Well-preserved fossils could be consequence of past global climate change

Well-preserved fossils could be consequence of past global climate change
A fossil of a crustacean claw exoskeleton from the Posidonia Shale in Germany.

Climate change can affect life on Earth. According to new research, it can also affect the dead. A study of exceptionally preserved fossils led by a graduate student at The University of Texas at Austin has found that rising global temperatures and a rapidly changing climate 183 million years ago may have created fossilization conditions in the world’s oceans that helped preserve the soft and delicate bodies of deceased marine animals.

The fossils include squid-like vampyropods with ink sacs, ornate crustacean claws, and fish with intact gills and eye tissue.

Despite being from different locations and marine environments, the fossils were all preserved in a similar manner. Geochemical analysis revealed that the conditions needed to preserve such captivating fossils could be connected to Earth’s climate.

“When I started the research, I had no idea if they would preserve the same way or a different way,” said lead author Sinjini Sinha, a graduate student at the UT Jackson School of Geosciences. “I was curious what led to the exceptional preservation.”

The research was published in Scientific Reports.

Going from dead organism to eternal fossil is a complex, chemical process that involves the formation of minerals within biological tissues. The authors examined different parts of fossil specimens under a scanning electron microscope equipped with a tool to detect chemical elements present in the minerals.

Lead author Sinjini Sinha, a graduate student at The University of Texas at Austin’s Jackson School of Geosciences, examines images of fossil specimens in the scanning electron microscope lab. Sinha used the microscope to examine exceptionally preserved fossils and learn more about the fossilization process.

The fossils came from the Posidonia Shale in southern Germany, Strawberry Bank in southern England, and Ya Ha Tinda in Alberta, Canada. And in all of them, one element dominated: phosphorus.

“We expected there to be some similarities, but finding that they were so similar was a bit surprising,” said co-author Rowan Martindale, an associate professor at the Jackson School.

Phosphorus is common in bones, so finding it in fossilized fish skeletons wasn’t unusual. But when it appeared in tissues that don’t usually contain phosphorus, such as crustacean exoskeletons and vampyropod soft tissues, it signalled that the environment was the source of the phosphorus minerals.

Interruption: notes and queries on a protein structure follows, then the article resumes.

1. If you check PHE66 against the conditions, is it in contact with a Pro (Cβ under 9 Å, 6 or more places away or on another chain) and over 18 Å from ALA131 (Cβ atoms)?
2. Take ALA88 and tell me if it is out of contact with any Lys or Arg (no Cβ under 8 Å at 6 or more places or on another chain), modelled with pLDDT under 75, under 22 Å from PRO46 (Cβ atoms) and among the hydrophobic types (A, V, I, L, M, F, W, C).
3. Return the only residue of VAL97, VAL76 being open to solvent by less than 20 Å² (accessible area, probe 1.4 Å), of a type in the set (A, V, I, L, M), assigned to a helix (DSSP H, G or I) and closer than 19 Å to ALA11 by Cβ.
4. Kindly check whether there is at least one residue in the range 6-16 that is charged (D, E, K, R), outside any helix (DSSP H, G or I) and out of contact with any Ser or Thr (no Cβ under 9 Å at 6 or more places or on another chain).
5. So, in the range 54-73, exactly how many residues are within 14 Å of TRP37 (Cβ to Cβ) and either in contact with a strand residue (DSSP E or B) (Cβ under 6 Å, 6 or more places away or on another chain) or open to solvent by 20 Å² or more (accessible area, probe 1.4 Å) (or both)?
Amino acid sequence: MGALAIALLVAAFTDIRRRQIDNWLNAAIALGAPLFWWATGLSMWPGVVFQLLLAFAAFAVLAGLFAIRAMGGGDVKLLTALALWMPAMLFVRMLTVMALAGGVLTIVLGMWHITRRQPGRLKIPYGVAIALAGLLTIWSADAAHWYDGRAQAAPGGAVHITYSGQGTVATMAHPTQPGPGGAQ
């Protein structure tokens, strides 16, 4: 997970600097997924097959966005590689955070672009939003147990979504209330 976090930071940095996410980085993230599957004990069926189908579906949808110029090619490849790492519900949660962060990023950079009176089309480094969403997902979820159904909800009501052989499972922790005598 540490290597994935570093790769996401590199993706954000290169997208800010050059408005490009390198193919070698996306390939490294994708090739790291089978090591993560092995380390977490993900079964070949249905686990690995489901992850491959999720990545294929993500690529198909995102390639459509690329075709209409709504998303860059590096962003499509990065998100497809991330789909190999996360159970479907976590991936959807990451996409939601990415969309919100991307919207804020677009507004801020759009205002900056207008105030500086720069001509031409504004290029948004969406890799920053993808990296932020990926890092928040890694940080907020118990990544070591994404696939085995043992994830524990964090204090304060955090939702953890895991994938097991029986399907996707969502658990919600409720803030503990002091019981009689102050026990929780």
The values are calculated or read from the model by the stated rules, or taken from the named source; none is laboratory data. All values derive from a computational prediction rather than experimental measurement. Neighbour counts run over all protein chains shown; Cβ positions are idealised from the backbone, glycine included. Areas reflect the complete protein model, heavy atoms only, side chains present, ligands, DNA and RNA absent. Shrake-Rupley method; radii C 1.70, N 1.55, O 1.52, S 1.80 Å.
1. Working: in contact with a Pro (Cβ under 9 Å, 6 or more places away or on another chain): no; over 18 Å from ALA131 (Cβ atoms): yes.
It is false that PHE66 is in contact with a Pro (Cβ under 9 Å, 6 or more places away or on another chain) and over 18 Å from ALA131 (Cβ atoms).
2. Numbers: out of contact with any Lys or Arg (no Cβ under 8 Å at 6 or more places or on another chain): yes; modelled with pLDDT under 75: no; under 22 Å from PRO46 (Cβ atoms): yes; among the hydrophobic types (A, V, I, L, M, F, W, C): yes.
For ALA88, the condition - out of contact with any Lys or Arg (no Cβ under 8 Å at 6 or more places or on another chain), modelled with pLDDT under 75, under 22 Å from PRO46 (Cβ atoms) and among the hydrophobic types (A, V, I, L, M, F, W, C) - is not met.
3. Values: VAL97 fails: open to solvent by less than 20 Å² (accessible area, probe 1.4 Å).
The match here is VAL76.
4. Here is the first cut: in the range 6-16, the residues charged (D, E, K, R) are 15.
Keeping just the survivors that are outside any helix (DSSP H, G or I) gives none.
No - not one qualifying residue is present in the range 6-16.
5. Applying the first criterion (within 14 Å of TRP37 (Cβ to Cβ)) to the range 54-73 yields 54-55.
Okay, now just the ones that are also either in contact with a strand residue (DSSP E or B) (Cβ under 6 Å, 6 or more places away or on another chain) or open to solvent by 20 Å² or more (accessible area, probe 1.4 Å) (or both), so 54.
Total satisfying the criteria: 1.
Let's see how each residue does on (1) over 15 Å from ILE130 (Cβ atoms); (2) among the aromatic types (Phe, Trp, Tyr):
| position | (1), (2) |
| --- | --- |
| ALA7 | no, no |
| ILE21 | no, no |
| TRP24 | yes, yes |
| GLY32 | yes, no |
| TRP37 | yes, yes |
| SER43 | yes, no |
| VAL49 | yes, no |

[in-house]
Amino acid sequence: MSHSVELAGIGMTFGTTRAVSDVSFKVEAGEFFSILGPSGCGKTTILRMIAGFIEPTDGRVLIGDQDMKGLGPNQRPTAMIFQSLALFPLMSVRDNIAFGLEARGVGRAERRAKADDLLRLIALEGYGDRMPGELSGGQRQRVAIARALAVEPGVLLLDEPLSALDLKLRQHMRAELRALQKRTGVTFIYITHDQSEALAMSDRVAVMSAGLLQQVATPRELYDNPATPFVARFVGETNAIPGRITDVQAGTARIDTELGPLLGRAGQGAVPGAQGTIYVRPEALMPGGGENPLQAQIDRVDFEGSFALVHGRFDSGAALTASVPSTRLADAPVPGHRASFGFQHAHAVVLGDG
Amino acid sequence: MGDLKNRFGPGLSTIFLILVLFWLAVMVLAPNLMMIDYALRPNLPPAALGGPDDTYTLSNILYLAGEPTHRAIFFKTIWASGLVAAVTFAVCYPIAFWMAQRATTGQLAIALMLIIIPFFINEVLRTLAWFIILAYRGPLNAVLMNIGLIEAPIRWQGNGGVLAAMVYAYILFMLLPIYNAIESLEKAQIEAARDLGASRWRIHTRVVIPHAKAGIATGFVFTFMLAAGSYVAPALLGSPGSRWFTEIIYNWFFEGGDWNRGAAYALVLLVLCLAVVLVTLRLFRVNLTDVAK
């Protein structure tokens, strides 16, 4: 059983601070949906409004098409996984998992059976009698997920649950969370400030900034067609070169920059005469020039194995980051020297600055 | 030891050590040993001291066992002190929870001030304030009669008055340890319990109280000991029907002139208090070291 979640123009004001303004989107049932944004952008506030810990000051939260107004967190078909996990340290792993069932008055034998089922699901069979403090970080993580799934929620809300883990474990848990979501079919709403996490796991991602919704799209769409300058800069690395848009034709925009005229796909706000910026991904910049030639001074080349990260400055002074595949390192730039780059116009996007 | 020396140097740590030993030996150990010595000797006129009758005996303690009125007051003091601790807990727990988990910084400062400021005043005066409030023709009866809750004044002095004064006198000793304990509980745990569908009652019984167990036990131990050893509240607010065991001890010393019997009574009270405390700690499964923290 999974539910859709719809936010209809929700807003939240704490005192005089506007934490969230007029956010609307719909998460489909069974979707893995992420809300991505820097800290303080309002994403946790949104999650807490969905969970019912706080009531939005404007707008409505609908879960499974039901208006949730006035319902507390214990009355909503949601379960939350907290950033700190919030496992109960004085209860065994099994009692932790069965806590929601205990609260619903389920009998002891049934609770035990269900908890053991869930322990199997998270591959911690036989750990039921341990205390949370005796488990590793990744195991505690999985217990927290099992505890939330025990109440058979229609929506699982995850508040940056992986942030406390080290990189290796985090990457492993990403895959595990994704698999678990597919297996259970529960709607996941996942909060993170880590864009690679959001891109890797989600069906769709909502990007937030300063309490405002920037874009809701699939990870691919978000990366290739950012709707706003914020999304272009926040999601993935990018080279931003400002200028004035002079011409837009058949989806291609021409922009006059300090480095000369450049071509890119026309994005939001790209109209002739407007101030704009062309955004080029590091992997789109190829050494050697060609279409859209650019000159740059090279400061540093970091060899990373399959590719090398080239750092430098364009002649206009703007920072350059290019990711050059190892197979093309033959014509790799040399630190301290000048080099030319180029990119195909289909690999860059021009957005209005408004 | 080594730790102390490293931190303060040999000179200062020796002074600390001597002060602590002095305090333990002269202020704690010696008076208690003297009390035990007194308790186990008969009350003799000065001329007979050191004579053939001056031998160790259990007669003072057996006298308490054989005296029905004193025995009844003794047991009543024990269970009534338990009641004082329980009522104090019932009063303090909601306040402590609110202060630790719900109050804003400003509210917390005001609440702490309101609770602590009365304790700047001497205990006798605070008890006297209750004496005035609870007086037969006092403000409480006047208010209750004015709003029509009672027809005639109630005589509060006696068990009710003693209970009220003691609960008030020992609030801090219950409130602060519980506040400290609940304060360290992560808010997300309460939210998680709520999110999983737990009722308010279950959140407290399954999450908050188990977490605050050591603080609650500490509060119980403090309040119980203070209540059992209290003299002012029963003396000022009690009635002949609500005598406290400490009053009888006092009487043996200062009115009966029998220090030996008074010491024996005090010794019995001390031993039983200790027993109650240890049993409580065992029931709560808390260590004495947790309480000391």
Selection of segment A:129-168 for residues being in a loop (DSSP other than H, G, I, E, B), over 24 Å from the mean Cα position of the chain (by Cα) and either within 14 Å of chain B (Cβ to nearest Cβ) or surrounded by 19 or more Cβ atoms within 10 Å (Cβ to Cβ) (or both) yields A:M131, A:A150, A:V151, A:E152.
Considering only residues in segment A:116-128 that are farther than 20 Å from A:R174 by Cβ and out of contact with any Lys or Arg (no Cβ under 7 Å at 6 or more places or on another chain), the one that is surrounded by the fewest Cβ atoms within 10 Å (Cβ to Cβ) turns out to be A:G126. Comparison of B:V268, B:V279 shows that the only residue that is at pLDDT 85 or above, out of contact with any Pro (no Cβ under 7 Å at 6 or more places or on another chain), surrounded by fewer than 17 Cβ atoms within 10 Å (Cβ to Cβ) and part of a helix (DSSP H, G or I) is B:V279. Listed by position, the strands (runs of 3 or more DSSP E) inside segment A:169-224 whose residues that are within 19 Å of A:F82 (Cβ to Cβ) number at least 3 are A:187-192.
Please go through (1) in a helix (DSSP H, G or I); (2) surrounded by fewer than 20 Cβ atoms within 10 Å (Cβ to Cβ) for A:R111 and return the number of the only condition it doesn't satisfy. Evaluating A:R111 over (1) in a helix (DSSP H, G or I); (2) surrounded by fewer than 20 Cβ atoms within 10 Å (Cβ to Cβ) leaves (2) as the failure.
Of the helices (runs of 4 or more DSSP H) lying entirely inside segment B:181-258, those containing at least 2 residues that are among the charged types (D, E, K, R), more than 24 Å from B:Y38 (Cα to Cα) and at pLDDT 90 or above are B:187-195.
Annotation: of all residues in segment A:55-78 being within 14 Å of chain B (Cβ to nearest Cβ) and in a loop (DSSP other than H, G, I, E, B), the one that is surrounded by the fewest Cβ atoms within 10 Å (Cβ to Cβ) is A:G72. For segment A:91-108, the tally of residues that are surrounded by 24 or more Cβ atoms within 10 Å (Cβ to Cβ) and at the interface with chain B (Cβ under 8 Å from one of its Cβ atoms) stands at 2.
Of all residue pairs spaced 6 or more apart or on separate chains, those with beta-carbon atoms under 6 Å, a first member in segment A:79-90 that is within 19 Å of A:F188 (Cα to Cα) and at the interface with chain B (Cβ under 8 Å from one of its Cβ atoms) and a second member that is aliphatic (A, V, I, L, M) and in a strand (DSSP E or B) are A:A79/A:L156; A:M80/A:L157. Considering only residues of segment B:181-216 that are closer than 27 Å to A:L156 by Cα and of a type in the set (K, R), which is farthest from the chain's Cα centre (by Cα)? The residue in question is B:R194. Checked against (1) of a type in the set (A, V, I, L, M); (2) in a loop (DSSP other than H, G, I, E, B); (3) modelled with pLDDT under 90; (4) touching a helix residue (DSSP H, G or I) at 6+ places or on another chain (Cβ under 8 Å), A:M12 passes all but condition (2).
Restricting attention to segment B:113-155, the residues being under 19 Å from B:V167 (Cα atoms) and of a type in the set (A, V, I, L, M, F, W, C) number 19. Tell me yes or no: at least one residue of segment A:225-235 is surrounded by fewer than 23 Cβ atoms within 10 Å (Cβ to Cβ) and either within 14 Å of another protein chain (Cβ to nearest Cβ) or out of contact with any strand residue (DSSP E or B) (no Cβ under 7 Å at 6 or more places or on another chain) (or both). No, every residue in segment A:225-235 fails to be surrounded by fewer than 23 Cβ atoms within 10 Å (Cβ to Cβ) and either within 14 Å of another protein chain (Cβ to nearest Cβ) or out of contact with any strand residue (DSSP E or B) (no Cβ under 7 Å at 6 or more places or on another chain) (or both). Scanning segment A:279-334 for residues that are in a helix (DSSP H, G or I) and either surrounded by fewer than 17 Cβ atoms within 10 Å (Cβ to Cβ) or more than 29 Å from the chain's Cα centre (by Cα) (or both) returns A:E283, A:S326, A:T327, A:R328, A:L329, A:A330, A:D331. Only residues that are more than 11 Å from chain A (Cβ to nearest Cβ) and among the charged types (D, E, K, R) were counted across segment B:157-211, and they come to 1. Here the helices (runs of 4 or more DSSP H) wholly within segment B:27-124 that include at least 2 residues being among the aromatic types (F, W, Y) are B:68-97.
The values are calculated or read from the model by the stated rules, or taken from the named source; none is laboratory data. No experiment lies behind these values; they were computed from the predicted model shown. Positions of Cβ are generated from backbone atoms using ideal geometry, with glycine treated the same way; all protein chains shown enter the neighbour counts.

Phosphorus, however, usually isn’t available in high concentrations within marine sediments, said co-author Drew Muscente, an assistant professor at Cornell College and former Jackson School postdoctoral researcher.

“Phosphorus is an element that you don’t expect to see in sedimentary rocks,” he said. “It generally doesn’t get buried in large amounts except in unusual circumstances.”

Lead author Sinjini Sinha holds a fossilized ink sac of a vampyropod, a squid-like animal. The black portion is the ink sac. The white portion is the tissue surrounding the sac. The fossil is from the Strawberry Bank fossil deposit in the United Kingdom.

The researchers think a period of extreme and rapid climate change caused by an influx of greenhouse gases into the atmosphere by volcanic eruptions during the Early Jurassic could be just that circumstance, with the rising temperatures causing increased rainfall that stripped large amounts of phosphorus-rich sediment from rocks on land into the world’s oceans.

Climate change today is also reducing oxygen in the oceans but it will be millions of years before anyone can say whether there is a boost in exceptional fossils, Martindale said.

The fossil fish Leptolepis from the Strawberry Bank fossil deposit in the United Kingdom.

Javier Luque, a research associate at Harvard University who was not part of the study, said that the study is important because it suggests that past climate change could have helped enable fossilization in a variety of environments.

“Perhaps one of the biggest takeaways of this work is that global events in the past could have set the stage for the exceptional preservation seen in fossil-rich marine deposits around the world regardless of their location, lithologies, environments, and depositional setting,” he said.

The study was also co-authored by researchers at the University of Missouri, the Bath Royal Literary and Scientific Institution, and the Stuttgart State Museum of Natural History.

Headless HORSE skeleton with rider unearthed in a medieval graveyard in Germany

Headless HORSE skeleton with rider unearthed in a medieval graveyard in Germany

The skeletal remains of a man buried 1,400 years ago near a headless horse have been discovered at an ancient cemetery in the town of Knittlingen in southern Germany. He likely was the horse’s owner/rider when he was alive. 

Headless HORSE skeleton with rider unearthed in a medieval graveyard in Germany
This decapitated horse, dating back about 1,400 years, was found next to the remains of a male rider.

The man was buried at a time when the Merovingian dynasty (A.D. 476–750) flourished in the area, ruling a giant swath of territory in what is now France and Central Europe. 

During his lifetime, the man likely served the dynasty’s kings. “He stood in a ‘chain of command’ with the Merovingian kings on its top, which meant he was obliged to participate in the king’s campaigns,” Folke Damminger, an archaeologist in charge of research at the site, told Live Science in an email. 

Part of the ancient cemetery that is currently being excavated is shown in this aerial image.

“As a member of the local elite, he most probably was the head of a farming household consisting of his family and his servants,” Damminger said.